Chua A. H. Lee v. Mapa, 51 Phil. 624 (1928) and other cases, which are cited by petitioner in support of his contention that even after a judgment has become final the court may stay or even quash the execution, refer to circumstances that have "arisen subsequent to the remanding of the record from the Supreme Court to the trial court" (at 628) and those cases are justified by the primordial necessity of doing justice in each case. But those cases, as Amor v. Jugo, 77 Phil. 703 (1946) subsequently explained, cannot be invoked when the supposed change in the circumstances of the parties took place while the case was pending. The reason is that there is then no excuse for not bringing the matter to the attention of the court the fact or circumstance that affects the outcome of the case. Such was the supposed change in the situation of the parties in this case when, so it is claimed, the petitioner lost possession of the machines for the detention of which he was ordered by final judgment to pay damages.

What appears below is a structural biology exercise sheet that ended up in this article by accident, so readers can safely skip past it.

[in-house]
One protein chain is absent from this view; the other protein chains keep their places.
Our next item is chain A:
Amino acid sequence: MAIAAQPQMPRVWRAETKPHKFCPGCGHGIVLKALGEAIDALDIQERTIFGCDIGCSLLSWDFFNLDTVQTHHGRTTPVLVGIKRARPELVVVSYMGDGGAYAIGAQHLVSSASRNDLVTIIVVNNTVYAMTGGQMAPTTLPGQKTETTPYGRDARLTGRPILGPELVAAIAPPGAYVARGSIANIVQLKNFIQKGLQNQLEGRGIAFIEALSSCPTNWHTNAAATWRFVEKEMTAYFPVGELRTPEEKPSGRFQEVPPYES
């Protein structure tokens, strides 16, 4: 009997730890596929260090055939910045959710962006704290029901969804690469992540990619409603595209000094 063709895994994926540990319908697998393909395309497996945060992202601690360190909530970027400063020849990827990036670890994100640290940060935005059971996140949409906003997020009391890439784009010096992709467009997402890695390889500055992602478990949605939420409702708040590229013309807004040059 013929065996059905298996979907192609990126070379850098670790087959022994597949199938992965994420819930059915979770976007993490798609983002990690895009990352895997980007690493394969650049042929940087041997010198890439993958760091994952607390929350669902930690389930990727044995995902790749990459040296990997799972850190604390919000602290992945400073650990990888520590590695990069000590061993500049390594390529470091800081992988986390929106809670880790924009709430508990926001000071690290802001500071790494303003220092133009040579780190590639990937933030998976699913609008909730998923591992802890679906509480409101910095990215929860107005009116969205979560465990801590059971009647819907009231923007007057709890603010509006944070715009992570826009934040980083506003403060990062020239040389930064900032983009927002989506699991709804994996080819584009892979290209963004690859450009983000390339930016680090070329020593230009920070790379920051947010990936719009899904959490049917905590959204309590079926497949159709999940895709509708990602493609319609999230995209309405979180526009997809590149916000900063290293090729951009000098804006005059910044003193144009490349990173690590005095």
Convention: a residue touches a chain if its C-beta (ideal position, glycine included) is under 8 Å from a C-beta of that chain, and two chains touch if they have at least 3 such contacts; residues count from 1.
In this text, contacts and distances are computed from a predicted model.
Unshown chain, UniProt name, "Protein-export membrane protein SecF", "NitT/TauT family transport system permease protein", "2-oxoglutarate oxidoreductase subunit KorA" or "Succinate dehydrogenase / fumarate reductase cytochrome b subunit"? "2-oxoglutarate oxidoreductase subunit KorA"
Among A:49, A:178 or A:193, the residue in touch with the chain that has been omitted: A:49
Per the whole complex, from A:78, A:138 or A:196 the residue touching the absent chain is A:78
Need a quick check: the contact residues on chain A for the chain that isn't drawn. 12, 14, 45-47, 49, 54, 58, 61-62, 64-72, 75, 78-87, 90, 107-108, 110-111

Finally, with respect to the cargo truck which petitioner says was already a junk on January 5, 1959 when the sheriff served the writ of seizure and for which reason he should not be made to pay rental, suffice it to say that the finding of the Court of Appeals is that it was missing and could not be produced and not that it was a junk. We take this finding to be final, especially considering that it was based on the official report of the sheriff.chanrobles virtual lawlibrary

WHEREFORE, the decision appealed from is affirmed, with costs against petitioner.

Bengzon, C.J., Bautista Angelo, Concepcion, Reyes, J.B.L., Barrera, Dizon, Bengzon, J.P., and Zaldivar, JJ., concur.

Makalintal, J., took no part.